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Friday, November 30, 2007

11 Days of Garbo: Mata Hari (1931)

Director: George Fitzmaurice
Also Starring: Ramon Novarro, Lionel Barrymore, Lewis Stone

This isn’t a film about the person Mata Hari, as much as it is about the legend of Mata Hari. The film does a good job at playing up the elements of her mythology and although there are good pieces to the film, these pieces ultimately don’t work very well together. Part of the problem is that the film tries to go in too many directions, so that we don’t really get a sense of what it wants to tell us about Mata Hari.

Garbo, naturally, plays Mata Hari – spy, dancer, enchantress. The costume designer Adrian (who dressed Garbo in all of her films from Anna Christie onwards, and played no small part in helping to create the Garbo image) gives her a variety of hats and headdresses in the film, drawing focus to her face and giving us a sense of the character, one who is always hiding, keeping things under her hat, as it were. Her costumes are also very exotic, which help to establish her as someone that other people in the room would instantly find intriguing because she’s so different from their experience.

Garbo is good as Mata Hari, even if the character herself seems a bit directionless. She’s believable in her scenes with Russian General Shubin (Barrymore), playing a flirtatious double cross with him – these scenes are the best in the film because Garbo and Barrymore play so well off each other and seem so comfortable together. The scenes with Navarro as a Russian pilot who falls for Mata Hari are good – Navarro is certainly believable as a naïve and inexperienced man who gets in over his head with such a worldly woman – but we never really believe in the relationship. When Mata Hari is using and toying with him to get information, it’s believable (there’s a scene where he tells her about his statue of the Madonna, revealing that he promised his mother that he would always keep a candle burning in front of it. When he afterwards professes his love to her, she challenges him by asking him to blow out the candle. He eventually acquiesces and there’s a certain degree of cruelty to the scene, seeing how broken up he is about doing it and how helpless he is when he’s around her – and how she knows that and uses it against him). When she risks her life and her freedom to see him, it’s not as believable.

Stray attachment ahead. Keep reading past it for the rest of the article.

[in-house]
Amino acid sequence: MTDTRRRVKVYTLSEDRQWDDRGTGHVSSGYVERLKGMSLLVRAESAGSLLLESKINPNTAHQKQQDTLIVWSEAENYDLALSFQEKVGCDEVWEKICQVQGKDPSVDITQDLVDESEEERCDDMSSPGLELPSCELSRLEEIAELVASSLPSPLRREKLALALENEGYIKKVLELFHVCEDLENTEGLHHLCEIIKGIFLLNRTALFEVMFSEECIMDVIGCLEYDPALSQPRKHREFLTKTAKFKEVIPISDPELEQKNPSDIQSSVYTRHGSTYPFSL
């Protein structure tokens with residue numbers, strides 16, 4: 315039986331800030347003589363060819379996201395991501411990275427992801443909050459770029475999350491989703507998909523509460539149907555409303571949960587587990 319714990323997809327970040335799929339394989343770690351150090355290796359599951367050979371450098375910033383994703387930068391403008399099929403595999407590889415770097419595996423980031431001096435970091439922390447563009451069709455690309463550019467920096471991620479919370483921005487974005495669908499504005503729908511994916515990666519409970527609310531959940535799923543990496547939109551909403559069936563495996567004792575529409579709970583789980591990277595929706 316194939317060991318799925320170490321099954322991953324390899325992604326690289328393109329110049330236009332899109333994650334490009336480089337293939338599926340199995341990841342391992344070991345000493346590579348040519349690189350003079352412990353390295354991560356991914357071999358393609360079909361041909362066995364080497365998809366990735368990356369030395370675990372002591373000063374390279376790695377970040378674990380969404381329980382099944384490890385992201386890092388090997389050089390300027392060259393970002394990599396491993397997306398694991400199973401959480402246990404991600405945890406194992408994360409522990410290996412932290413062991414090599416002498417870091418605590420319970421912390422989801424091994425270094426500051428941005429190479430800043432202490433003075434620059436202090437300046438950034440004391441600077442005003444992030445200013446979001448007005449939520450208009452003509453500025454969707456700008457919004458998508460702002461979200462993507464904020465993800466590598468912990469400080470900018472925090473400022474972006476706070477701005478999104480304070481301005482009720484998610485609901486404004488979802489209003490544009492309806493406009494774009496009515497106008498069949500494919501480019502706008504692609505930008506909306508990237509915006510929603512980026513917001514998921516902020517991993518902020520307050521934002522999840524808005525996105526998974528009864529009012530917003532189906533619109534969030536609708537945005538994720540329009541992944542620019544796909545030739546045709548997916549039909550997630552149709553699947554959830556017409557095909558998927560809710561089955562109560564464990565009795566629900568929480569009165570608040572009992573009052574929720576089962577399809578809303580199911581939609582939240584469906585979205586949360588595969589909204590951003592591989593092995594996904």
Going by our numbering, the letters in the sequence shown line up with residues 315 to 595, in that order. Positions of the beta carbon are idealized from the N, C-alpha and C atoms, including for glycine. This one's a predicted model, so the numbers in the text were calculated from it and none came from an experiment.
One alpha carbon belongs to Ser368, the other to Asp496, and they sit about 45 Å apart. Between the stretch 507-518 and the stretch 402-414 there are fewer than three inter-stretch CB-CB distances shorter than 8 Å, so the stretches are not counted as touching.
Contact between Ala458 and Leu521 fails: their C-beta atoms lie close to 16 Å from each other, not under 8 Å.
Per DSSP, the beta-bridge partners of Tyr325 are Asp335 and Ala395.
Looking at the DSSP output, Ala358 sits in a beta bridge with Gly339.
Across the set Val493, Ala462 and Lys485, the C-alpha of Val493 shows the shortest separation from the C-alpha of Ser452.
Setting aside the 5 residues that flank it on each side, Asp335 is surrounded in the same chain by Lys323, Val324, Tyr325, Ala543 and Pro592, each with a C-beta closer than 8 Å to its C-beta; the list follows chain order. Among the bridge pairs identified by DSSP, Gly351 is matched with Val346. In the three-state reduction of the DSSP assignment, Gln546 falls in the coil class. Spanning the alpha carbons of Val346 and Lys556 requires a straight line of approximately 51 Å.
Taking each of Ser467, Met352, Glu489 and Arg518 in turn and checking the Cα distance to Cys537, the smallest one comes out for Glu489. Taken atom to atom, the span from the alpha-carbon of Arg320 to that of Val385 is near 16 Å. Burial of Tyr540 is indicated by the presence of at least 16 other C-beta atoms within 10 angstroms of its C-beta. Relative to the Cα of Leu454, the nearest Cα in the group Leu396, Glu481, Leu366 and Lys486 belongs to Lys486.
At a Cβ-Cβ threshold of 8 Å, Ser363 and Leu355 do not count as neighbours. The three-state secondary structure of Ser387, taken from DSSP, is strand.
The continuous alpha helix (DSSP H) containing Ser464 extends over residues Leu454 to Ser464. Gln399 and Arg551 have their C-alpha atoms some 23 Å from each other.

While the film doesn’t present an accurate version of history (although perhaps it should be credited for at least getting Mata Hari’s fate right instead of trying for a happy ending), it is an interesting example of Hollywood history. Released in 1931, this is a pre-code film, which are always fun to look at just to see how far movies went before the Hays office tried to squeeze all the fun out of them. Mata Hari dances seductively, uses men for sport and treachery, and spends the night with a man in bed. There’s no ambiguity about this last part, as there are in some films from the Golden Age – at night all the lights go out. In the morning, Mata Hari emerges from the bedroom. A few minutes later Rosanoff (Navarro) follows in his dressing gown. The overtness of these scenes can perhaps be attributed to the fact that Mata Hari was already fairly notorious and the fact that she dies in the end. It’s acceptable for her to be a woman who uses sex as a means to an end, because she’s going to be punished for it in the most brutal way possible.

This isn’t a great film, but it is entertaining and a good showcase for Garbo. It plays to the strengths of the Garbo image – the exotic/special character of her beauty, the mysteriousness of her nature and the sense of danger that both of those things entail. Just don’t take the film too seriously and you should be able to enjoy it for what it is.